After a series of bold social and economic reforms since its return to civilian rule in 2011, Myanmar has made a strong start on its journey toward peace, democracy, and prosperity, one that could put its troubled postwar history behind it. To secure its course, however, it will have to navigate a complex set of long- and short-term measures that are potentially fraught with difculty.
Much has been achieved in the three years since the government, led by President U Thein Sein, came to office in the frst general election in 20 years. While initial reforms focused on the political system and national unity, major macroeconomic reforms are well under way. The exchange rate has been unified under a managed ﬂoat and the country now has an independent central bank. Details have also been released on increasing transparency in the national budget. Authorities have begun establishing basic regulatory structures and removing unnecessary hurdles to business and trade, providing legal foundation for foreign investment,improving essential public services, and addressing governance and corruption issues.
In response, the economy has sustained gross domestic product (GDP) growth of more than 7% for two years running, a remarkable performance helped by foreign governments lifting long-standing trade sanctions. Foreign investment is ﬂowing in, foreign exchange earnings rising, and tourists returning to enjoy the country’s outstanding areas of natural beauty and cultural attractions. These achievements, with visible improvements in most economic and some social and political indicators, illustrate the government’s strong commitment to economic development and the scope for further rapid deployment of innovative policies.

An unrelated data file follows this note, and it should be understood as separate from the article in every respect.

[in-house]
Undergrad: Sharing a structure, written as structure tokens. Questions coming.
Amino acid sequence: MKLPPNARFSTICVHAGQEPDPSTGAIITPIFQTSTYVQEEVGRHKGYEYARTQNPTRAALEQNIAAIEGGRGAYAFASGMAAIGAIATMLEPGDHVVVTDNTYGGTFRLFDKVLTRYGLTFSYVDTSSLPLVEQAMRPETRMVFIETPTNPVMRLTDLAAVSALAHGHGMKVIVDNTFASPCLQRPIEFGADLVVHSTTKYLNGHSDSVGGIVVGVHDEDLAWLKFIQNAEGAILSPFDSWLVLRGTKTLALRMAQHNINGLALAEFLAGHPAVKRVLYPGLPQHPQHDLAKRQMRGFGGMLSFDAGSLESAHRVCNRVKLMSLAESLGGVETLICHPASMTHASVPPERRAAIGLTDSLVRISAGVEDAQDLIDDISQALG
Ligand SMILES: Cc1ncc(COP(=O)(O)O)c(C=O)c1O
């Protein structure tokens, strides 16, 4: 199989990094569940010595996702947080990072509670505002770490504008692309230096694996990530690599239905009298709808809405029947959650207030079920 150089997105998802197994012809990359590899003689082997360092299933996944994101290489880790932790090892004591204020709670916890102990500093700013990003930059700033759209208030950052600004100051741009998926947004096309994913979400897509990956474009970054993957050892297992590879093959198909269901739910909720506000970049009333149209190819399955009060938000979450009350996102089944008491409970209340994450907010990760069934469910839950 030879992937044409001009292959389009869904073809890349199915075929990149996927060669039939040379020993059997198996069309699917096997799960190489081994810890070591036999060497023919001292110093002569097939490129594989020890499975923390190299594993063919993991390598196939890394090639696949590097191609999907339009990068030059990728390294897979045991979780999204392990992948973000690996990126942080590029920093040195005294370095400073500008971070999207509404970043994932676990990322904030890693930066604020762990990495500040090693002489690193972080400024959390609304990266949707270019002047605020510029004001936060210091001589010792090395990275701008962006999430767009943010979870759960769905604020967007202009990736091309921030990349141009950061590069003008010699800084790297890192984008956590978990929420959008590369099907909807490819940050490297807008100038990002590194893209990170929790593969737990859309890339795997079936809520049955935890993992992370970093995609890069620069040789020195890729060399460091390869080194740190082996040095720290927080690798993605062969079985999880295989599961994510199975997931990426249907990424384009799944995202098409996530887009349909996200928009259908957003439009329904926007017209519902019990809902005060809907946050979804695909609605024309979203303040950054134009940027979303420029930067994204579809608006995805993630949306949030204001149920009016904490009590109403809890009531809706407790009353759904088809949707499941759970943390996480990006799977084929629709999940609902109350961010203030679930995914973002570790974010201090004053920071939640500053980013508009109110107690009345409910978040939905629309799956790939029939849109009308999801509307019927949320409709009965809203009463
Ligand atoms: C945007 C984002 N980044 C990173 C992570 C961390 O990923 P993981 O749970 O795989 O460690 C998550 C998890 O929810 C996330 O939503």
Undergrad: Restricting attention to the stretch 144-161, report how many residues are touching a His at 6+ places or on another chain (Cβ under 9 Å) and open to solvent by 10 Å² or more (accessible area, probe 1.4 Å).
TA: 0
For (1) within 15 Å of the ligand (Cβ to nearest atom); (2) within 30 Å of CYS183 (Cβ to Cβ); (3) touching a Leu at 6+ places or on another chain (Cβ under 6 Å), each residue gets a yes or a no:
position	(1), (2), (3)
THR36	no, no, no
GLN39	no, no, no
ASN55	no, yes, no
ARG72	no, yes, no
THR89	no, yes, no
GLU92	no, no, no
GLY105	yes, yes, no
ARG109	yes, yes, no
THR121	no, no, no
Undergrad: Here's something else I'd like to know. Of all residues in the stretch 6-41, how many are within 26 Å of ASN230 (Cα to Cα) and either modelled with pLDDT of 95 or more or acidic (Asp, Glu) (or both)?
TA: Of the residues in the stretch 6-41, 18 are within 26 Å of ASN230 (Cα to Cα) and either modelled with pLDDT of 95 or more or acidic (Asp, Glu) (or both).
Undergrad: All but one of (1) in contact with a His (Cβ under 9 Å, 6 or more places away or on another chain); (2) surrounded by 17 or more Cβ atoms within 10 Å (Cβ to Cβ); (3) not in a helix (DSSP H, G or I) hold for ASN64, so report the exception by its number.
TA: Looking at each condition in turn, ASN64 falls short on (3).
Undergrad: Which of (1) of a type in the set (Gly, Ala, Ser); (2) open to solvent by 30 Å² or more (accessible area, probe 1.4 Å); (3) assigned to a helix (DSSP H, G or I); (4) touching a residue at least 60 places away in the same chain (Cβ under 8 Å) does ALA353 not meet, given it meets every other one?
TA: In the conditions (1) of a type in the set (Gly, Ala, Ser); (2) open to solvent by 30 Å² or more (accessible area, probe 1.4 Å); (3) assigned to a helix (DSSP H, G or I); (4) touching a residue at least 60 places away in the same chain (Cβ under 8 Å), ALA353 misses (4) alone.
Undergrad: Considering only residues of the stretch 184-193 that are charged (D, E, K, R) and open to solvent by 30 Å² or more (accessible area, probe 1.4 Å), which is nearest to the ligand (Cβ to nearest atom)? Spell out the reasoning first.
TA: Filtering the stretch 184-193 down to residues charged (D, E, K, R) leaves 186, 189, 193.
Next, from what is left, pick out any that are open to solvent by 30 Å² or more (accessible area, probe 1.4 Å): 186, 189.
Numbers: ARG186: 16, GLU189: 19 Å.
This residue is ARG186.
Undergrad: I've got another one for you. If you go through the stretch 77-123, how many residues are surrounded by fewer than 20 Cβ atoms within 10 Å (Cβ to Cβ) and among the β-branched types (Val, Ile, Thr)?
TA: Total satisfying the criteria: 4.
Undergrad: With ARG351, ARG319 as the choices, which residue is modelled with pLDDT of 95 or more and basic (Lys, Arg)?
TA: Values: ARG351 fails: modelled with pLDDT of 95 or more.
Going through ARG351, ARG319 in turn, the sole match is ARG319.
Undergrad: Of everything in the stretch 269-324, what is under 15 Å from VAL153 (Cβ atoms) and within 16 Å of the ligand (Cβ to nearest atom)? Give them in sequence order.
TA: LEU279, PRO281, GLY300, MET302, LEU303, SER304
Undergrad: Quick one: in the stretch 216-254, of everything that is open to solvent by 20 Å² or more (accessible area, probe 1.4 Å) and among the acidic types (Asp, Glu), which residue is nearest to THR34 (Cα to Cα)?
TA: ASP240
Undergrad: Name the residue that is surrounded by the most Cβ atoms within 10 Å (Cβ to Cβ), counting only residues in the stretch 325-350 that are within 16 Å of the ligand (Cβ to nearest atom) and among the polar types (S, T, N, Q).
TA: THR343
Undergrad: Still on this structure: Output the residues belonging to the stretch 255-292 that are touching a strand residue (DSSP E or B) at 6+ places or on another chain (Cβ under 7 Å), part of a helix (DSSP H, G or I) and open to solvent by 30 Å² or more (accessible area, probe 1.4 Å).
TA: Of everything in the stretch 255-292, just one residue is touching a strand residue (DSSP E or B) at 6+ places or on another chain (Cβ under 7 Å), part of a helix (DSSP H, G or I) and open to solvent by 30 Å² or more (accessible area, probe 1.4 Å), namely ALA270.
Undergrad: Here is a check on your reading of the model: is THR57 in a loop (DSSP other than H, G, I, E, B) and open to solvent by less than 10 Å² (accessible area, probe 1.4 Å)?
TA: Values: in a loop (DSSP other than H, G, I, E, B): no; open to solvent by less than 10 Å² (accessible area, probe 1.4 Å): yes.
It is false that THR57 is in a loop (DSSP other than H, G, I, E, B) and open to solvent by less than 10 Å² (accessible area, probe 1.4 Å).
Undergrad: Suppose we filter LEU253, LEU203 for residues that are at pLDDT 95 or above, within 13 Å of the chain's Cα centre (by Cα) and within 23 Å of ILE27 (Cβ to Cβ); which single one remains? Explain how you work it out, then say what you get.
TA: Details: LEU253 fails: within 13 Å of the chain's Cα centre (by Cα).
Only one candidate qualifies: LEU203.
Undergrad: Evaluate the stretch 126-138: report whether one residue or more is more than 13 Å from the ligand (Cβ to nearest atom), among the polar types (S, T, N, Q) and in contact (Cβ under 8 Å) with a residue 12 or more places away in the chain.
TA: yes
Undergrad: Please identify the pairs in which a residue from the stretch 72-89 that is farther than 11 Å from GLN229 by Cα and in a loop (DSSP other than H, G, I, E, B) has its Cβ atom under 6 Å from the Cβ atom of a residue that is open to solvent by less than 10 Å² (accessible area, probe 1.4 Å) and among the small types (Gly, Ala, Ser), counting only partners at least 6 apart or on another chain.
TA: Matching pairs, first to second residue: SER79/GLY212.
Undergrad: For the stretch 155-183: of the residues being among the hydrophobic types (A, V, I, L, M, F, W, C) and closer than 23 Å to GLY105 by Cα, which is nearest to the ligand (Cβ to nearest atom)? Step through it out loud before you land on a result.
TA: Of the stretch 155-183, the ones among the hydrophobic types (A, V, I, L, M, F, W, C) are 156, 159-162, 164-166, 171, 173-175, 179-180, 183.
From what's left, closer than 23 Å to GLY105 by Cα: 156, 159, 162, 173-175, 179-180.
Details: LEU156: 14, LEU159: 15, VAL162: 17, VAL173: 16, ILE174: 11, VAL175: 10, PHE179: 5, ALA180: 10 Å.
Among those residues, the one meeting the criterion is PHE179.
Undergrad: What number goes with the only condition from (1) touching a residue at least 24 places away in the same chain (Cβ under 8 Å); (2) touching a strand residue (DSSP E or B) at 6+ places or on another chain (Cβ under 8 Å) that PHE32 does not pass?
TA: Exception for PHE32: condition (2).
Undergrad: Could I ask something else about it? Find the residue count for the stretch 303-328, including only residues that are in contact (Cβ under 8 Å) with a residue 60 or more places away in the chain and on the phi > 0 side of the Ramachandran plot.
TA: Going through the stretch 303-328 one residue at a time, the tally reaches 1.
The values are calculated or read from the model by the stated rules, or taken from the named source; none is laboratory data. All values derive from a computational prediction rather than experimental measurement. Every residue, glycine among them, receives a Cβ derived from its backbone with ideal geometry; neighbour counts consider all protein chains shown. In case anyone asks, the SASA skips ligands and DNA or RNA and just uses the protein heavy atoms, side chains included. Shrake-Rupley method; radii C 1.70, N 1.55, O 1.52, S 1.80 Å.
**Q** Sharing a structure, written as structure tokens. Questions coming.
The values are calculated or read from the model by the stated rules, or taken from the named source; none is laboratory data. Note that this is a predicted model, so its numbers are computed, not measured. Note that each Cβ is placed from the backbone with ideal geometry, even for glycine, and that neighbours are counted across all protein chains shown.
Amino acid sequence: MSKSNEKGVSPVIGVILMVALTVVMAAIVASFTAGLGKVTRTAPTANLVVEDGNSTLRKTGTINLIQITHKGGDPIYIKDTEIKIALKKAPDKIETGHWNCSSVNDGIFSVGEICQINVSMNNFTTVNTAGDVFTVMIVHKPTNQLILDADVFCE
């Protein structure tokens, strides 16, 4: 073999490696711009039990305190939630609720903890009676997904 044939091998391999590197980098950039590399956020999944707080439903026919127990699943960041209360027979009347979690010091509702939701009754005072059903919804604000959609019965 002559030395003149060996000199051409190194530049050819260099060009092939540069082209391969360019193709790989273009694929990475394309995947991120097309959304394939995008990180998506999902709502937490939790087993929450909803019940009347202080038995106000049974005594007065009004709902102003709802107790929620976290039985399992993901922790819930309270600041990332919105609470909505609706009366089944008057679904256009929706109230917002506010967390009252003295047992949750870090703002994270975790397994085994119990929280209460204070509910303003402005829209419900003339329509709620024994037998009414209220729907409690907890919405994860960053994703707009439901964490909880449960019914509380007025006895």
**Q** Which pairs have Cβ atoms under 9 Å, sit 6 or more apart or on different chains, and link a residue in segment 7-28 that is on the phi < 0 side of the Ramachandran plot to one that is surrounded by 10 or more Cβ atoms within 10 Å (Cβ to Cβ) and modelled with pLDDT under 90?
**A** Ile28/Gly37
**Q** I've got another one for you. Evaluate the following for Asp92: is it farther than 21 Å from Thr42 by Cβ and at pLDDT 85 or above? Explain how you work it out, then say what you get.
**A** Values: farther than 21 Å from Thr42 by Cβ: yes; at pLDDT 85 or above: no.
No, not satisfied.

Few will be surprised, nonetheless, to hear of the pitfalls ahead. Modernizing an economy is a huge and complex task. And the government needs to prioritize and sequence reform measures and identify and address constraints to sustained rapid economic growth. Observers widely acknowledge the huge opportunity, yet the country is facing difficult challenges in almost all aspects of economic and social policy.
A successfully integrated development policy framework will need to consider comprehensive development and reform planning and phasing. It is in this context that the Asian Development Bank’s (ADB) Economics and Research department presents this report, ‘Myanmar: Unlocking the Potential’, which is based on an indepth country study undertaken in 2013. The report examines the most important and immediate issues that need to be tackled to unlock the potential. These include weak infrastructure, creating modern market and government institutions, human development, stronger regional integration, a clear focus on inclusive growth, and environmental protection.